Conversation with Miniature Artist Pushkar

miniature framed portrait of a pregnant couple by artist pushkar for koonchi

7x12 inches miniature on acrylic panel by artist Pushkar

Even though Miniature painting is called painting in little, there is not one reason to believe that it expresses little. Miniature painting is like celebration on a small scale. It is a medium to celebrate humans, the marks people leave on the world and remember their accomplishments. It is to treasure the local, the eccentric, the ordinary, whatever is made with love and care. Our artist, Pushkar who found his destiny with Miniature painting has a story which we are honored to share.

Every good artist knows that without inspiration, art is impossible. Whether that inspiration be a charming painting in a museum or a provocative dream, inspiration is what gets you going. Our artist Pushkar is no different. From grabbing inspiration from newspapers as a child to growing to be inspired by distinguished artists like Van Gogh or B.G. Sharma and Reva Shankar Sharma who were the influencers for miniature in Udaipur, he has developed his art as well. Artist Pushkar received his formal art education from Sukhadia University in Udaipur where he did his MA in Drawing and Painting. He is very proficient in miniature painting. On some research, it would be evident that miniature involves minimal imagination and so most of the artists in this field copy the older artwork but the real challenge is to create portraits in miniature which our artist is well versed with. We are absolutely in love with his miniature work.

To be specific to his technique, he works with watercolors, acrylics, oil painting and poster colors mostly. For miniature painting, which is our focus, he uses stone colors and Indian Natural Colors. The squirrel haired brush which is curved from the front is his preferred tool for miniature paintings. Being the expert that he is, he says that miniature painting involves craftsmanship and local artistry. His favorite subjects include Radha-Krishna or the legendary story of Krishna. He also likes paintings that involve precise work like realist subjects. In some of his miniature paintings, we can see a splitting image of Mughal or Mewar influence. For his commercial paintings, he opts to cool the colors but when painting for himself, he goes all out with vibrant shades, predominantly the primary colors.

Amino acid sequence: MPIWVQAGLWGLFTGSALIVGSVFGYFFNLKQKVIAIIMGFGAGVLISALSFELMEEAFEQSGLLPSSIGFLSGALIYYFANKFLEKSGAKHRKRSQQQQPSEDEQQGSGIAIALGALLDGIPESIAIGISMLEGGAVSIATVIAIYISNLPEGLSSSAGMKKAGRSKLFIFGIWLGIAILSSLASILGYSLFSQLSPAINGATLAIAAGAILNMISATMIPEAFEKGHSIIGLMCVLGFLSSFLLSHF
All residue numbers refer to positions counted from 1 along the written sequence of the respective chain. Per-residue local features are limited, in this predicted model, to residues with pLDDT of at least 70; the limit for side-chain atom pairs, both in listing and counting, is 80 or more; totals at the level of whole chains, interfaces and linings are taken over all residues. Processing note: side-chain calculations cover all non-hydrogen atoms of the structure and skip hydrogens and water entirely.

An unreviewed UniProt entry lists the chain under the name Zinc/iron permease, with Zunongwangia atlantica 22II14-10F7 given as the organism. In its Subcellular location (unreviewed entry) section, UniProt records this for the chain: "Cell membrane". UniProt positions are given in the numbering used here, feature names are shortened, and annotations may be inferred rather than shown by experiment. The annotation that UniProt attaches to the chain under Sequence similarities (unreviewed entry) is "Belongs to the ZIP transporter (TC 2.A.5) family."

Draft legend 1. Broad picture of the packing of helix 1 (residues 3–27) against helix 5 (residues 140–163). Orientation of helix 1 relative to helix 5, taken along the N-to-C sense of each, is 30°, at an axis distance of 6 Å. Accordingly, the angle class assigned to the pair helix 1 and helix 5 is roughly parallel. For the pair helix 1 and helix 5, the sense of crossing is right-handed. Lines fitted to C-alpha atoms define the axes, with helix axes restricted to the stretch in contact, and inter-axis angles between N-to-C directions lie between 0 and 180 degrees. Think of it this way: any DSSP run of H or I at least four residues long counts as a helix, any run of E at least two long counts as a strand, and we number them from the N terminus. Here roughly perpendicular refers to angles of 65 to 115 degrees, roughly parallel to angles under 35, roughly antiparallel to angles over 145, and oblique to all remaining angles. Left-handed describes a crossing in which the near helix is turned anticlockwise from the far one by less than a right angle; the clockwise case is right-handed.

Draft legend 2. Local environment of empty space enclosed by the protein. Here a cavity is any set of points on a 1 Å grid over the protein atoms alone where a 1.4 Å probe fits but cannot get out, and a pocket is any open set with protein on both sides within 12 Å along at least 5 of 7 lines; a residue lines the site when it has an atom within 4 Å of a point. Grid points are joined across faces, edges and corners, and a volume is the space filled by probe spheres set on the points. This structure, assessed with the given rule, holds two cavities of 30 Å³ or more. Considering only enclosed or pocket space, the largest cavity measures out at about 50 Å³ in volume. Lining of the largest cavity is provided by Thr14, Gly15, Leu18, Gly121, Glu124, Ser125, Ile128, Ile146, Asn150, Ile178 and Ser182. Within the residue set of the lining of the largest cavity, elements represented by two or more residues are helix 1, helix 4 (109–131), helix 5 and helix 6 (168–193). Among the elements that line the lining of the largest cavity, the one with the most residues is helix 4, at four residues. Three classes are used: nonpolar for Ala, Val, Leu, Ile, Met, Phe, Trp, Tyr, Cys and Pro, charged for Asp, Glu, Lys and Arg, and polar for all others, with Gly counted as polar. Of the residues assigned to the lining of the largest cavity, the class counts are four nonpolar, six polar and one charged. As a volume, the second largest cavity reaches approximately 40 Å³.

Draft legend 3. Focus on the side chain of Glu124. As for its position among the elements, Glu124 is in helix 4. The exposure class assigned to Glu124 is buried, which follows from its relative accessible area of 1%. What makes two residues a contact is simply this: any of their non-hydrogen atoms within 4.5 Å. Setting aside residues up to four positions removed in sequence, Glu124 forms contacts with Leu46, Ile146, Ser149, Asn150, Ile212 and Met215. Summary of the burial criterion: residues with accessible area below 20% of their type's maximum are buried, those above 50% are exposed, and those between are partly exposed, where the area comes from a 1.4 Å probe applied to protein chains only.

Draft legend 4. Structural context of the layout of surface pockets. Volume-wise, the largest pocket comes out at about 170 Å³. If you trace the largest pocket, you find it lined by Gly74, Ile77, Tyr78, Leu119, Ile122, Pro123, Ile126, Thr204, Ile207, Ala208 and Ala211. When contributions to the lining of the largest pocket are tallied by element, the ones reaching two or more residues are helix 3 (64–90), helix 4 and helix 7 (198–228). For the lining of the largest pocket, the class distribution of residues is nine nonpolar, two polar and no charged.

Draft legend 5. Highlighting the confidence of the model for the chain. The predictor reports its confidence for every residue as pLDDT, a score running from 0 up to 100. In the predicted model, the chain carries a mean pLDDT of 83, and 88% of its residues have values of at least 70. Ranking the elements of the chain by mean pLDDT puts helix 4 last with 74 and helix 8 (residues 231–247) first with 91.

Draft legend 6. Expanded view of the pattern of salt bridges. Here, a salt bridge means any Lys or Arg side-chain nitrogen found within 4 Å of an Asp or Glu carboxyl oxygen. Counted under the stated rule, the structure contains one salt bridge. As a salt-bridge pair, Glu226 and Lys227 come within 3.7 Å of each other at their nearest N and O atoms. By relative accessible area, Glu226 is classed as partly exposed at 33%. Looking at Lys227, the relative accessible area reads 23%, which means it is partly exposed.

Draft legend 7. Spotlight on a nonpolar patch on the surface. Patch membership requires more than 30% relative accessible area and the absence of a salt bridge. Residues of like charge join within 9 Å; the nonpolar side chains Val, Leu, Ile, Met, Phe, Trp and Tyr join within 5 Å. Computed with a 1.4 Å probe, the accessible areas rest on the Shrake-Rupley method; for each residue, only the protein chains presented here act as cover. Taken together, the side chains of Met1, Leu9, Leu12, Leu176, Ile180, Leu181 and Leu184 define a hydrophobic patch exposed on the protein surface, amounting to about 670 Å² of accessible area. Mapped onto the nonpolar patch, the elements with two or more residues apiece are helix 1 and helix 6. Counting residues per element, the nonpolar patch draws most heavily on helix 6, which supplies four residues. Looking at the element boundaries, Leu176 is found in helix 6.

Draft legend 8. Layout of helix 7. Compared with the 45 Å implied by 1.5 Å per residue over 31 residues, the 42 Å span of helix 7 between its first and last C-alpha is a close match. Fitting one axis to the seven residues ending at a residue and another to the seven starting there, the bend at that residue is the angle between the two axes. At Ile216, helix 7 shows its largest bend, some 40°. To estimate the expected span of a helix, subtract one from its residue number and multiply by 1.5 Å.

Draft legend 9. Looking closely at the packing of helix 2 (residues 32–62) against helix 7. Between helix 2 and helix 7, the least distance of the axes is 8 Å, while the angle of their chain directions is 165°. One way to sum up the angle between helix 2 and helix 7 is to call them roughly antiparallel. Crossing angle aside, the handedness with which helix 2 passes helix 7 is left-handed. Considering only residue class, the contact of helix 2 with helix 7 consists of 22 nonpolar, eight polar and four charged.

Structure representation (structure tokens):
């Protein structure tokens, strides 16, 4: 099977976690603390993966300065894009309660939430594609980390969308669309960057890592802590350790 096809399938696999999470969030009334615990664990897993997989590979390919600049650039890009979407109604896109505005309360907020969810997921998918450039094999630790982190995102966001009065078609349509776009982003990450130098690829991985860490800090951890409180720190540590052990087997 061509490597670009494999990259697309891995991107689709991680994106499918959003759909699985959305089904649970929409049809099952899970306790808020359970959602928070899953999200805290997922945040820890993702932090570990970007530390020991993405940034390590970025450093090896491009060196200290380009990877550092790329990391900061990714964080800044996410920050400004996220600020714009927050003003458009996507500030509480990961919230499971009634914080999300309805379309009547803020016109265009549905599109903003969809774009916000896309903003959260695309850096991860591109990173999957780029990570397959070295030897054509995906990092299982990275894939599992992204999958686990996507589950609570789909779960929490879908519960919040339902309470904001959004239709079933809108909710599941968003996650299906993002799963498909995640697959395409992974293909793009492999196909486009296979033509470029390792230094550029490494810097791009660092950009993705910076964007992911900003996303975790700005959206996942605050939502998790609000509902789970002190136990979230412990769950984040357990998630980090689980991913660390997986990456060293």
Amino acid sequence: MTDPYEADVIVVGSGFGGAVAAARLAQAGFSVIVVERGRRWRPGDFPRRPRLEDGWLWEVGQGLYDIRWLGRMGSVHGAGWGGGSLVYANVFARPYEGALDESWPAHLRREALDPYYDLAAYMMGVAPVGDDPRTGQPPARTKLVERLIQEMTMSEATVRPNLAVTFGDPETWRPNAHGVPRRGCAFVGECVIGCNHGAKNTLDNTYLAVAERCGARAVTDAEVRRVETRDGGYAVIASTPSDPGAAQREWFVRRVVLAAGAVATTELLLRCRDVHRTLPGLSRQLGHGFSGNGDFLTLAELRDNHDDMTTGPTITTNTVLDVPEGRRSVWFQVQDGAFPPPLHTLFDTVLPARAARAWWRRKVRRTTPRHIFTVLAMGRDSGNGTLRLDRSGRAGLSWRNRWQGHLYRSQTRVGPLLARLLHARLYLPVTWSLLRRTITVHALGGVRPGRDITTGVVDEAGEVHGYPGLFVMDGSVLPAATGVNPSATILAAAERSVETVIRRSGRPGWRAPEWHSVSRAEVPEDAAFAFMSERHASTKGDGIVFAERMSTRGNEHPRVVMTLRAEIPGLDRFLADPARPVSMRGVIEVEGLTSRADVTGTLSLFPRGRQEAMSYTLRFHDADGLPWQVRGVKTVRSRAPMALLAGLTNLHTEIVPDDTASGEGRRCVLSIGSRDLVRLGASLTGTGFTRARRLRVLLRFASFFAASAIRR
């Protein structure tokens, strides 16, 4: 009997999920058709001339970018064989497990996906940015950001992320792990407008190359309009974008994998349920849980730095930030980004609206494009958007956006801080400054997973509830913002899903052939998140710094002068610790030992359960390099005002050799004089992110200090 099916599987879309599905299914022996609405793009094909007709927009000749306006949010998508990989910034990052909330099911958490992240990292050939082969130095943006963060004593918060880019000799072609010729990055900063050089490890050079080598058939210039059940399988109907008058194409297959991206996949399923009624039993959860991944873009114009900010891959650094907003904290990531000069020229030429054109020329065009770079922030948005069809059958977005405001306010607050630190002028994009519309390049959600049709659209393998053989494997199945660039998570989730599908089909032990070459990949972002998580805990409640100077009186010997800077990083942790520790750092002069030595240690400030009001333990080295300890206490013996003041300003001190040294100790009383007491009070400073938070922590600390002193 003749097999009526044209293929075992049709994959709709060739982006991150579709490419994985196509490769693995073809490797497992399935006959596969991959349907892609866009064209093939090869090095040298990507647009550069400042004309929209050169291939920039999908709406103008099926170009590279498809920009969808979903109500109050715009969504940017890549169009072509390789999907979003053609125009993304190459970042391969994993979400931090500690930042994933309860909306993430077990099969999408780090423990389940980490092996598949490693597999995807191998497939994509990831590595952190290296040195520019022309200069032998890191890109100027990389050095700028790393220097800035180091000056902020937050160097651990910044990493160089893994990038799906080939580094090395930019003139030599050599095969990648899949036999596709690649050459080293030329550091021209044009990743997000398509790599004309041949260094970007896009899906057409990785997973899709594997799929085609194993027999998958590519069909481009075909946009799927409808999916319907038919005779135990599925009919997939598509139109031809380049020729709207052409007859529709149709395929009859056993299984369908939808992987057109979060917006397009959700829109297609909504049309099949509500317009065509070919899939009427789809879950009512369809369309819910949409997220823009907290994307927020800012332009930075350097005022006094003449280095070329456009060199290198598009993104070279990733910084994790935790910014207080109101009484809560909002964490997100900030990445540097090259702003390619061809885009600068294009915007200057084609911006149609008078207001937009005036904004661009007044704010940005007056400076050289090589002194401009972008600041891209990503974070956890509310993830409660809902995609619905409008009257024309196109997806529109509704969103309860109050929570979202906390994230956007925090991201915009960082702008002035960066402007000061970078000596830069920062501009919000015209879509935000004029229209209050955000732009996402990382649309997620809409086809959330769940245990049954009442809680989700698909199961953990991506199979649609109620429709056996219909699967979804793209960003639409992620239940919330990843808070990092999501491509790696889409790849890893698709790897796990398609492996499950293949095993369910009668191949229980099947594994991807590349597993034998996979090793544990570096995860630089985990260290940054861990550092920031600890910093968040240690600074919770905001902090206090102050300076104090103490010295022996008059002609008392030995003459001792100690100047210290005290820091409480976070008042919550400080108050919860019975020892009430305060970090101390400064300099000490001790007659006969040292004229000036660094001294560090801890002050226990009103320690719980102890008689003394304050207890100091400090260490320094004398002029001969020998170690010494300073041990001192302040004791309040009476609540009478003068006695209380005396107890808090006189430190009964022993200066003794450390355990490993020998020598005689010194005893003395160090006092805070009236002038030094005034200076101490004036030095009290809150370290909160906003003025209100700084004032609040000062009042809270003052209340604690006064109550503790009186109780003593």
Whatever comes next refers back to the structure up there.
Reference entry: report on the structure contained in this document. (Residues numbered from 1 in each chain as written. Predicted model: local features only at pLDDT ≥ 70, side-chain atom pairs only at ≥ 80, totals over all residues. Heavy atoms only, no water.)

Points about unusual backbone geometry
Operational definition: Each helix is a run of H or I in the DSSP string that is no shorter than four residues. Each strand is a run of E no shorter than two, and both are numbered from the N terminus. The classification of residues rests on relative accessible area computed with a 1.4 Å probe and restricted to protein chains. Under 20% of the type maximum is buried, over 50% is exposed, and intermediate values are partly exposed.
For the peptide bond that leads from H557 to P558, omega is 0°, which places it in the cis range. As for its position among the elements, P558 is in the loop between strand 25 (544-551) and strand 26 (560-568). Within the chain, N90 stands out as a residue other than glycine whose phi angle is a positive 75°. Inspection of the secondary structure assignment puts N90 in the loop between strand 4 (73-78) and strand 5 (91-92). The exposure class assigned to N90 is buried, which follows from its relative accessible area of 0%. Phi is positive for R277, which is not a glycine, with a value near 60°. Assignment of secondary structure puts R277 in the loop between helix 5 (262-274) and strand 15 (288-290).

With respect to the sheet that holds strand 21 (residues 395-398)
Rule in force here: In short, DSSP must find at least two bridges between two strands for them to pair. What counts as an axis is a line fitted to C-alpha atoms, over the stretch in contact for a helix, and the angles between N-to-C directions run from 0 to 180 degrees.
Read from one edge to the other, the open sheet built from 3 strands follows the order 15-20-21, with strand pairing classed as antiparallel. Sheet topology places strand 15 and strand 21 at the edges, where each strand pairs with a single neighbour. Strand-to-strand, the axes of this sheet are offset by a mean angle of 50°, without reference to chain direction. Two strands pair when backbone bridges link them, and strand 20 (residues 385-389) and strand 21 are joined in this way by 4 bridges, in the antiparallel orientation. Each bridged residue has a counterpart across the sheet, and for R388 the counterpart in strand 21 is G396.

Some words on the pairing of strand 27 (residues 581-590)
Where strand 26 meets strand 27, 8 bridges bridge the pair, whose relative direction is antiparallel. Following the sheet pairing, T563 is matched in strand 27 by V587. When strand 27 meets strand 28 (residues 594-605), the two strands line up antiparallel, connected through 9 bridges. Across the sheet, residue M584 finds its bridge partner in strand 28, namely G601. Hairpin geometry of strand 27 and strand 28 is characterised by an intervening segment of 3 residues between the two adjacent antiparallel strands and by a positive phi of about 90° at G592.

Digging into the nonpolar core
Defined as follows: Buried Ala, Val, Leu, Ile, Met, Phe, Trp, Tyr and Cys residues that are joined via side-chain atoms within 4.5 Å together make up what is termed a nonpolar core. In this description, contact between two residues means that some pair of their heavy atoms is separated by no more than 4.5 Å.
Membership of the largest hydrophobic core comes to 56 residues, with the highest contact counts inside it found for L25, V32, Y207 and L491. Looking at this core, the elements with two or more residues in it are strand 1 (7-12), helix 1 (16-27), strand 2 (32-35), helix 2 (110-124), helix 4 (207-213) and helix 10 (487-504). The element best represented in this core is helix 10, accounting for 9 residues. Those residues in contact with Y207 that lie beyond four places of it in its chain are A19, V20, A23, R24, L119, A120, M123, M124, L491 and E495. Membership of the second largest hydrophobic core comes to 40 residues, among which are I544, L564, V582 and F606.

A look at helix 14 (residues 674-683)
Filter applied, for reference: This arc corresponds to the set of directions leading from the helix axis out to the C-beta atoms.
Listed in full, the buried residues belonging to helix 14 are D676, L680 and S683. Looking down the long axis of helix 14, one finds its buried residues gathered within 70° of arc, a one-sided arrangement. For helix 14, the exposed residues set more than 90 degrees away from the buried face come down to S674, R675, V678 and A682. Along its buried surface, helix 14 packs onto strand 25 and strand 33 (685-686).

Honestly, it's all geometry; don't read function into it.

Rewind time! Back in the day when artists were an integral part of a king’s court, time was never a dilemma when it came to finishing the painting. Whether it took several days, a couple months or even a year, the king patiently waited, appreciated and paid a wealthy sum to the artist. Now back to the current era, for starters, kings are extinct! Also, patience is nowhere to be found and the market is unpredictable. If an artist thinks of making a Mughal painting now and estimates around 4 months to complete it, there is no way to know if it would be sold and the level of precision drops in the hurry to finish it. Artist Pushkar says that this is the main barricade when it comes to art. But as Vincent Van Gogh once said, “One must work and dare if one really wants to live”, Pushkar is at it and killing the game ever since.

Pushkar’s hobbies are writing short stories which were published on radio channels and he also went on recitals which just reinforces the fact that art is not limited to a paintbrush and a canvas. One of our favorite questions to ask an artist is where they see themselves in the next 10 years and all of them have an answer along similar lines. Recognition. Pushkar dreams that people recognize his work just by looking at the signature below it. According to him, media plays a huge role in making an artist famous. An artist is absorbed in his painting and absolutely engrossed in creating but people who have the eye to notice him, play an important role in giving him opportunities and changing his life. 

It is said that great things are done by a series of small things brought together. Miniature paintings are small but they surely are able to make the comfortable disturbed and the disturbed comfortable.

 

Interview by Varun Maliwal, composed by Manasi Telang

 


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